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Bhoosamruddhi project: Improving diet of livestock

Bhoosamruddhi, a joint project of Government of Karnataka and CGIAR centres in the State, focuses on improving the basal diet of livestock, which mainly comprises of crop residues

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In order to improve the basal diet of livestock, which mainly comprises of crop residues, a training programme was held for the field veterinarians from the state of Karnataka. The training programme was part of the Bhoosamruddhi project – a collaborative project between the Government of Karnataka and CGIAR centers, led by International Crops Research Institute for the Semi-Arid Tropics (ICRISAT).

Crop residues are major feed resources for smallholder livestock production. ICRISAT in collaboration with the International Livestock Research Institute (ILRI) works at improving fodder value of key crops at source through inclusion of crop residue fodder traits (quantity and quality) in new cultivar breeding, selection and dissemination work. The ICRISAT-ILRI collaboration concentrates on ICRISAT mandate crops – sorghum, pearl millet, groundnut, chickpea and pigeonpea, while ILRI’s collaboration with other institutes focuses on crops such as maize, wheat, rice, sweet potato, mung bean, vegetable soybean, minor millets among some others.

The training focused on improving the quality of the basal diet from the crop residues, and laid emphasis on exploring ways for improving livestock rations by fortification and densification. The objective was to make best use of feed resources in a context-specific manner, including supplementation and combination of different diet constituents, and physical feed forms such as feed blocks, feed pellets and feed mash.

Field veterinarians from four districts, Bidar, Chikballapur, Dharward and Udupi in Karnataka were exposed to feed-based intensification through cultivar selection of dual-purpose crops, chopping and supplementation; ways to address fodder deficit by linking fodder surplus-deficit areas through feed-processing entrepreneurial ventures and fodder preservation in the form of silage and hay. They were also trained in smallholder silage making through a live demonstration on the process.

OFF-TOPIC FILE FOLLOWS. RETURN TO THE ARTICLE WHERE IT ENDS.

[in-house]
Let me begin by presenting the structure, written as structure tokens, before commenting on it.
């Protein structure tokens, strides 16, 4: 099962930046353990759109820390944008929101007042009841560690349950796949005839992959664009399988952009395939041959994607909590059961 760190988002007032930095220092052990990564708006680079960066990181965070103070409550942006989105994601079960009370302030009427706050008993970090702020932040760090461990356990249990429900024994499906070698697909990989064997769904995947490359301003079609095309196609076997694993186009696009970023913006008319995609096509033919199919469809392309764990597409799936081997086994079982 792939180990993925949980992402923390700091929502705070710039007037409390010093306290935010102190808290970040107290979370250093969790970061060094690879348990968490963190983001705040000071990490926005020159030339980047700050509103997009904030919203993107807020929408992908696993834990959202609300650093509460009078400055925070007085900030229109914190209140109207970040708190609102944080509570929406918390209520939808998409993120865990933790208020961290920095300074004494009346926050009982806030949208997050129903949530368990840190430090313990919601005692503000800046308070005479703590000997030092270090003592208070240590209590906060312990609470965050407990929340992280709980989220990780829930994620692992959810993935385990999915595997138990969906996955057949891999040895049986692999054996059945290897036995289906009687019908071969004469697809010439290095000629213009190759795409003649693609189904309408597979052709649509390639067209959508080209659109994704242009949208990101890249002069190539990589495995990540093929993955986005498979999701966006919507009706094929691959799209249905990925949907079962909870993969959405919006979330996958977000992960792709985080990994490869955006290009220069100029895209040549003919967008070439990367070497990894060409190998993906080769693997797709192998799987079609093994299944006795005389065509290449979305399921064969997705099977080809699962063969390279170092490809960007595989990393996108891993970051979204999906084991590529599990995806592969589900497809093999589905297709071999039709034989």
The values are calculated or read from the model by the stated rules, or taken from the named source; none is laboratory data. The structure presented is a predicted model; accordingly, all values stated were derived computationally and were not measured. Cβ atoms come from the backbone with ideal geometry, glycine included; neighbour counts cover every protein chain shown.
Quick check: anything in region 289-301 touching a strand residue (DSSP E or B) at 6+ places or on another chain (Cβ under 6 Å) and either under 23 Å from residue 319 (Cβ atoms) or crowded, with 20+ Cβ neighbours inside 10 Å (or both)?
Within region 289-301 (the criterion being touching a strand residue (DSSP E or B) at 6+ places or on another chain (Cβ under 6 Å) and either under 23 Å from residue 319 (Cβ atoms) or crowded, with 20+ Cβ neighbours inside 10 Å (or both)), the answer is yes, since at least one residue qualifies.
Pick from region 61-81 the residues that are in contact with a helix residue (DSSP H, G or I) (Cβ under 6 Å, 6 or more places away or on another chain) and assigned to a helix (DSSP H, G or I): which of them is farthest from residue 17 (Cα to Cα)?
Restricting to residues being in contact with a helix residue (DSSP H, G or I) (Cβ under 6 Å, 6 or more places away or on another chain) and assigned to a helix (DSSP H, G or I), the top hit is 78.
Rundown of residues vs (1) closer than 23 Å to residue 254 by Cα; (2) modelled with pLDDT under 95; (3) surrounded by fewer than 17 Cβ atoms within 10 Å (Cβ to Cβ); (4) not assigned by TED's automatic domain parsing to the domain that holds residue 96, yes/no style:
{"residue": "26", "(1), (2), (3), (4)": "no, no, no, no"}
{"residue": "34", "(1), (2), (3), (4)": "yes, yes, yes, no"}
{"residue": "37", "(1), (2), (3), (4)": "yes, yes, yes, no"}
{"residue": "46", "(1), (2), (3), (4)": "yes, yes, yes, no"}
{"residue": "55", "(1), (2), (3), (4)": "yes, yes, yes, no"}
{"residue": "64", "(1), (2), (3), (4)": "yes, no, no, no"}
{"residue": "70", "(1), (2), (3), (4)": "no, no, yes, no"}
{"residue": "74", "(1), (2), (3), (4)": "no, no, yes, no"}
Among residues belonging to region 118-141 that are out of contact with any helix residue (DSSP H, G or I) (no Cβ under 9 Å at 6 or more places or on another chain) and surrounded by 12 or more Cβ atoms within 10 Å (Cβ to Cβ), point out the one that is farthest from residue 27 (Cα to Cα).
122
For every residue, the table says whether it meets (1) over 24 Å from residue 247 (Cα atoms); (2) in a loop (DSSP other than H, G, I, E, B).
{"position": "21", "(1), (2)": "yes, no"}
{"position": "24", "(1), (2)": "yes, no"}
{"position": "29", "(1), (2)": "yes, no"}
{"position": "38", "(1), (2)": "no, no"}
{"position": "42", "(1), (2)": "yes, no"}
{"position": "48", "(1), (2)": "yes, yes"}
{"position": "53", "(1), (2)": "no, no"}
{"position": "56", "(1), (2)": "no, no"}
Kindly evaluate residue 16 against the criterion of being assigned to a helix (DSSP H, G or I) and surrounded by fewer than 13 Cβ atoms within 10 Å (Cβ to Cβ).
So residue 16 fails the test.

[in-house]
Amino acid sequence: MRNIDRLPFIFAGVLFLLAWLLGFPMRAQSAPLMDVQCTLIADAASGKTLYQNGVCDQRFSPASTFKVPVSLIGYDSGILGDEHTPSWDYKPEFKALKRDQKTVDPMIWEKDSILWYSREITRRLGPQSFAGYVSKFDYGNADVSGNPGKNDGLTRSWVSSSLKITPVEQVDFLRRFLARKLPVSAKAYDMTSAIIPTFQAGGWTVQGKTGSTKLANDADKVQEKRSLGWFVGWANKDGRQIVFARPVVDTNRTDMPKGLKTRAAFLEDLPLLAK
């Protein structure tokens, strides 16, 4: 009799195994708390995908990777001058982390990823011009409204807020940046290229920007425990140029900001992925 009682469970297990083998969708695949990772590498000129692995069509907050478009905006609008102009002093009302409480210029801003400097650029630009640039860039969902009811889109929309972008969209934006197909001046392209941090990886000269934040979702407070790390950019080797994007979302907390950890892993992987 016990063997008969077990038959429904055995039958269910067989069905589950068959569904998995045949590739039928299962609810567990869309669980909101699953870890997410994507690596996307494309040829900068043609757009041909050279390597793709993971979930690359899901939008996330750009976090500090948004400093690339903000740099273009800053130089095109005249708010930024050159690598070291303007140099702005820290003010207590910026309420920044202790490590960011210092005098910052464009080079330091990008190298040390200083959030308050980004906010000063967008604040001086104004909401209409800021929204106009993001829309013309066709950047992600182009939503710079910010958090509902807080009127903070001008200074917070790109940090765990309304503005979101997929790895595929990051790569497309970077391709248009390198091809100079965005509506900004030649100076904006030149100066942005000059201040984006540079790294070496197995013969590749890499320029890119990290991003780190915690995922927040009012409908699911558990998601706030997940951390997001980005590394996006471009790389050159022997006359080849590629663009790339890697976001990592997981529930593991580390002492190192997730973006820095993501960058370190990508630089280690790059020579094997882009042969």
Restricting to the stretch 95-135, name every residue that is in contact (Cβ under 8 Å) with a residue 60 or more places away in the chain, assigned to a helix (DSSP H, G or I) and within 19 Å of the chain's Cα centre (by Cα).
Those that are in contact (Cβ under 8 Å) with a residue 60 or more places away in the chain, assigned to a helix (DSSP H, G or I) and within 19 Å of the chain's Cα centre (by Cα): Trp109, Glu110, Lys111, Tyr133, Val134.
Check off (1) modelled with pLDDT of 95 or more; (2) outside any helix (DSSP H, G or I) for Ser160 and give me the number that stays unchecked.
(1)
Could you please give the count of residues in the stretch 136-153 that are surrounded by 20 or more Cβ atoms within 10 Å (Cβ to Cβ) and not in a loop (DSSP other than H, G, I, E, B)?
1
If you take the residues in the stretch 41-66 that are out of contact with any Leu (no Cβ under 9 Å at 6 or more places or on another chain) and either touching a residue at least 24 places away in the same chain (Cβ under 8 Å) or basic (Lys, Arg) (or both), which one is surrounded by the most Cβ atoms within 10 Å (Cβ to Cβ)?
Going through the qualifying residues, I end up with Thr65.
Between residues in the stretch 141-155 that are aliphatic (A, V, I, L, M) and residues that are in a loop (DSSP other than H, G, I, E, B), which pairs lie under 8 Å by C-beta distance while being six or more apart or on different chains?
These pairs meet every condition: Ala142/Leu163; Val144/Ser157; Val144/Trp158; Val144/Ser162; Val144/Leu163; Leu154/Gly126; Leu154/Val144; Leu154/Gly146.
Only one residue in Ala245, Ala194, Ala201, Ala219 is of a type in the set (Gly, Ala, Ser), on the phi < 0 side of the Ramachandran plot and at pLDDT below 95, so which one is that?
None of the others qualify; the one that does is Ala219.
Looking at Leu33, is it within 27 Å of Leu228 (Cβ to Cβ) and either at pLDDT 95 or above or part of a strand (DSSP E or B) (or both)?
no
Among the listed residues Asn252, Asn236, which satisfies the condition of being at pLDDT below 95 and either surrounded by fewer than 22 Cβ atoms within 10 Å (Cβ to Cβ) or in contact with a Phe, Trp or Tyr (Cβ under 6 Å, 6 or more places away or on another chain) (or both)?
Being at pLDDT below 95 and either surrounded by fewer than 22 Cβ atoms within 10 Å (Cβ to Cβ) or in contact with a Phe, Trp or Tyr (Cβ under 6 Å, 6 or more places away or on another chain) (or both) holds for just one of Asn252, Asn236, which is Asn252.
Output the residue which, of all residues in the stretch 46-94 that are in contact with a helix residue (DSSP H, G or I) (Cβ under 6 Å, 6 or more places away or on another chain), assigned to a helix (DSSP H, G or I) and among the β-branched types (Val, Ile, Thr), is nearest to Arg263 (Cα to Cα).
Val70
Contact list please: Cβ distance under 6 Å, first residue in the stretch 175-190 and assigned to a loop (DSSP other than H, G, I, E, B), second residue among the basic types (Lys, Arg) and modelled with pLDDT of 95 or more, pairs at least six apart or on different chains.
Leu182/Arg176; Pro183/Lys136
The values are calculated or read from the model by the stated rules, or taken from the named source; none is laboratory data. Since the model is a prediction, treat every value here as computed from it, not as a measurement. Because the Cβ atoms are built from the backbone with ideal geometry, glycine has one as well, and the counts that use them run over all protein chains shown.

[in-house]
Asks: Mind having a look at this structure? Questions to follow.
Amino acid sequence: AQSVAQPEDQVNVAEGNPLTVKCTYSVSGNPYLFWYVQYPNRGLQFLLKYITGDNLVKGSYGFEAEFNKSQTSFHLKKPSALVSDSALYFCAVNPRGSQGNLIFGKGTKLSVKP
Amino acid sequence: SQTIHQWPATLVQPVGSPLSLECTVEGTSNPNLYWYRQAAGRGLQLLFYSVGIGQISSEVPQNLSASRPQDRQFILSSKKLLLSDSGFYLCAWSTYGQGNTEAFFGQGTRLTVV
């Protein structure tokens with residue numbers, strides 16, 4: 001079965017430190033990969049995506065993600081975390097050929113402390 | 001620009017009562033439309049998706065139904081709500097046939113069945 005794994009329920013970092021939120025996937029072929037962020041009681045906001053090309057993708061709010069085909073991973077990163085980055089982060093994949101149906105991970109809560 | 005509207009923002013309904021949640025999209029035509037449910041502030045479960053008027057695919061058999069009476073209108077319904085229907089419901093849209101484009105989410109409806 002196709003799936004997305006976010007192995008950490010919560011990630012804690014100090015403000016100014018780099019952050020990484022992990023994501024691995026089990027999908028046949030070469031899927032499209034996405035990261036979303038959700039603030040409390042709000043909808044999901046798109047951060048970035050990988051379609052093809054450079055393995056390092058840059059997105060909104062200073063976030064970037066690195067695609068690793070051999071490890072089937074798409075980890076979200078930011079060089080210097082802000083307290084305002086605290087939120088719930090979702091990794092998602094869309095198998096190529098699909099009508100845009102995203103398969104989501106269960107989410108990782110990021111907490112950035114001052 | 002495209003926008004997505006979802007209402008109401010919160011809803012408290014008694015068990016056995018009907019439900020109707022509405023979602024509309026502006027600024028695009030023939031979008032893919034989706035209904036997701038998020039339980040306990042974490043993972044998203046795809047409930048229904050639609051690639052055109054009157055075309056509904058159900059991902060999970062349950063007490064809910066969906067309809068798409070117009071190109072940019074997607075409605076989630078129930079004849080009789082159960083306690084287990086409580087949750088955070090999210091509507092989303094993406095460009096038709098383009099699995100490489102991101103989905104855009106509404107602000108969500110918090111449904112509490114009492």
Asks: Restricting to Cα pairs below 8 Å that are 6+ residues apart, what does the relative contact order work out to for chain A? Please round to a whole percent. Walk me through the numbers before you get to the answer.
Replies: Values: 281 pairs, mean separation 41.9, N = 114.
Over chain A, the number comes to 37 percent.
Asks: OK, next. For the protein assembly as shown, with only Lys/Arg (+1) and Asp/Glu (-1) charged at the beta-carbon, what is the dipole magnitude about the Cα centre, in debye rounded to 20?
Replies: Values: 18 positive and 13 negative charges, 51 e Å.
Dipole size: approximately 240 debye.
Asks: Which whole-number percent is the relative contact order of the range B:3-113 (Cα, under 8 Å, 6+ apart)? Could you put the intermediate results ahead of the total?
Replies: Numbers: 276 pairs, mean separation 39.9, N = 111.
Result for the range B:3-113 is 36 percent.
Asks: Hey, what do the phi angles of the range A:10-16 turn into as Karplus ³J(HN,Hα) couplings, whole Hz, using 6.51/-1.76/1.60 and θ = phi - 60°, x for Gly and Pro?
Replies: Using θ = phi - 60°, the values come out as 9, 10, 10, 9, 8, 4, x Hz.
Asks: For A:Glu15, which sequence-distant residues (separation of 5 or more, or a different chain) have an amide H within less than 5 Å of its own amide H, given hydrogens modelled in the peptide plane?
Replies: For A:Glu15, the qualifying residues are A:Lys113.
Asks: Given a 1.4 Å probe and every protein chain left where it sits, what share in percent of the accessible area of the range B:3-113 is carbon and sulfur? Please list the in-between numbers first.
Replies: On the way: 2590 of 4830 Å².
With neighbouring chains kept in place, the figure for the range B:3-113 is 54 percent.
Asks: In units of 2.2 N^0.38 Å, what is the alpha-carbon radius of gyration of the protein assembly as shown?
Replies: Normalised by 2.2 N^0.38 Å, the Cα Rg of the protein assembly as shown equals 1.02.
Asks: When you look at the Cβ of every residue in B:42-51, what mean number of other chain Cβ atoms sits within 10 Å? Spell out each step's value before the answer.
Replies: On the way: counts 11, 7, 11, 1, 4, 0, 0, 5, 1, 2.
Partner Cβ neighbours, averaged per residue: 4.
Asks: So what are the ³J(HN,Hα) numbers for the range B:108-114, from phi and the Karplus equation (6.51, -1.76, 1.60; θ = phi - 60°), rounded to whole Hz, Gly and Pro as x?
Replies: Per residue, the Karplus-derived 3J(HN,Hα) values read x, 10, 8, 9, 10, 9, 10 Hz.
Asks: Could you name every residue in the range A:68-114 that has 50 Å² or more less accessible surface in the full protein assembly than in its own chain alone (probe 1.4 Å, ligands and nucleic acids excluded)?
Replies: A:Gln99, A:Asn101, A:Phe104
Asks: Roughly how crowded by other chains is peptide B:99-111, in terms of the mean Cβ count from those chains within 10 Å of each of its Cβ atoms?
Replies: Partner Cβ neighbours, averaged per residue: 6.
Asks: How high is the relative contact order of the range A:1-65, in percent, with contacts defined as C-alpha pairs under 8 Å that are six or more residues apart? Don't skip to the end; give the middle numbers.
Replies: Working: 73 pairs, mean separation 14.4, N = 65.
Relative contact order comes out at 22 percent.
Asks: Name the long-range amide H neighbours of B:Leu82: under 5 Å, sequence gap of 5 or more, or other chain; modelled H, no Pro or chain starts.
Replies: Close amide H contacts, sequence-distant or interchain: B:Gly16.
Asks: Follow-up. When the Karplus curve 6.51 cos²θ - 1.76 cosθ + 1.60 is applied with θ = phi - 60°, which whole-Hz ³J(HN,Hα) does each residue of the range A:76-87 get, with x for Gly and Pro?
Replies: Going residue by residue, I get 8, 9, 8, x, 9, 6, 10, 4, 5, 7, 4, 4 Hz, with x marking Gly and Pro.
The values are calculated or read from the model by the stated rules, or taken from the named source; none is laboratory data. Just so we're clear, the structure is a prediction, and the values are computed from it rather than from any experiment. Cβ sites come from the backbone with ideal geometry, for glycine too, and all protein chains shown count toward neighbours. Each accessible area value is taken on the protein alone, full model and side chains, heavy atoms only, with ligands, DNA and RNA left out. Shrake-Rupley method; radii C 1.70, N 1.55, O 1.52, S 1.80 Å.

ILRI scientists explained to the participants the use of near infrared spectroscopy (NIRS) tool for phenotyping of various crop cultivars for fodder quality analysis and invitro digestibility studies. More than 30 field veterinarians and district heads of the Department of Veterinary & Animal Husbandry, Government of Karnataka, attended the training held on 4 July at ICRISAT headquarters in Hyderabad.

In 2017-18, ILRI will work in 10 villages covering 100 farmers and demonstrate the impact of feed-based intensification, commercial fodder production and smallholder silage making. It is expected that the Karnataka government will use the experience in these 10 villages to scale up the programme throughout the state. Besides the above work, ILRI will also support the government to pilot small- and medium-scale enterprises to produce and supply complete feed, hay /silage, based on context, in a business mode. Towards all of the above, the participants prepared a work plan at the end of the training.


ICRISAT’s work on improving fodder value of its mandate crops


In 2002, ICRISAT introduced an early maturing, high yielding and drought-tolerant groundnut variety (ICGV91114), which produced 15 percent higher pod yields, 17 percent more haulm and better quality fodder than the locally grown variety. Farmers who fed their cows and buffalo the improved fodder saw their milk production immediately increase by 11 percent.


In the case of sorghum, it was found that sorghum stover from 1 hectare (3.6 tonne Dry Matter) with 3 percent units increase in digestibility can produce 345 liters of additional milk.

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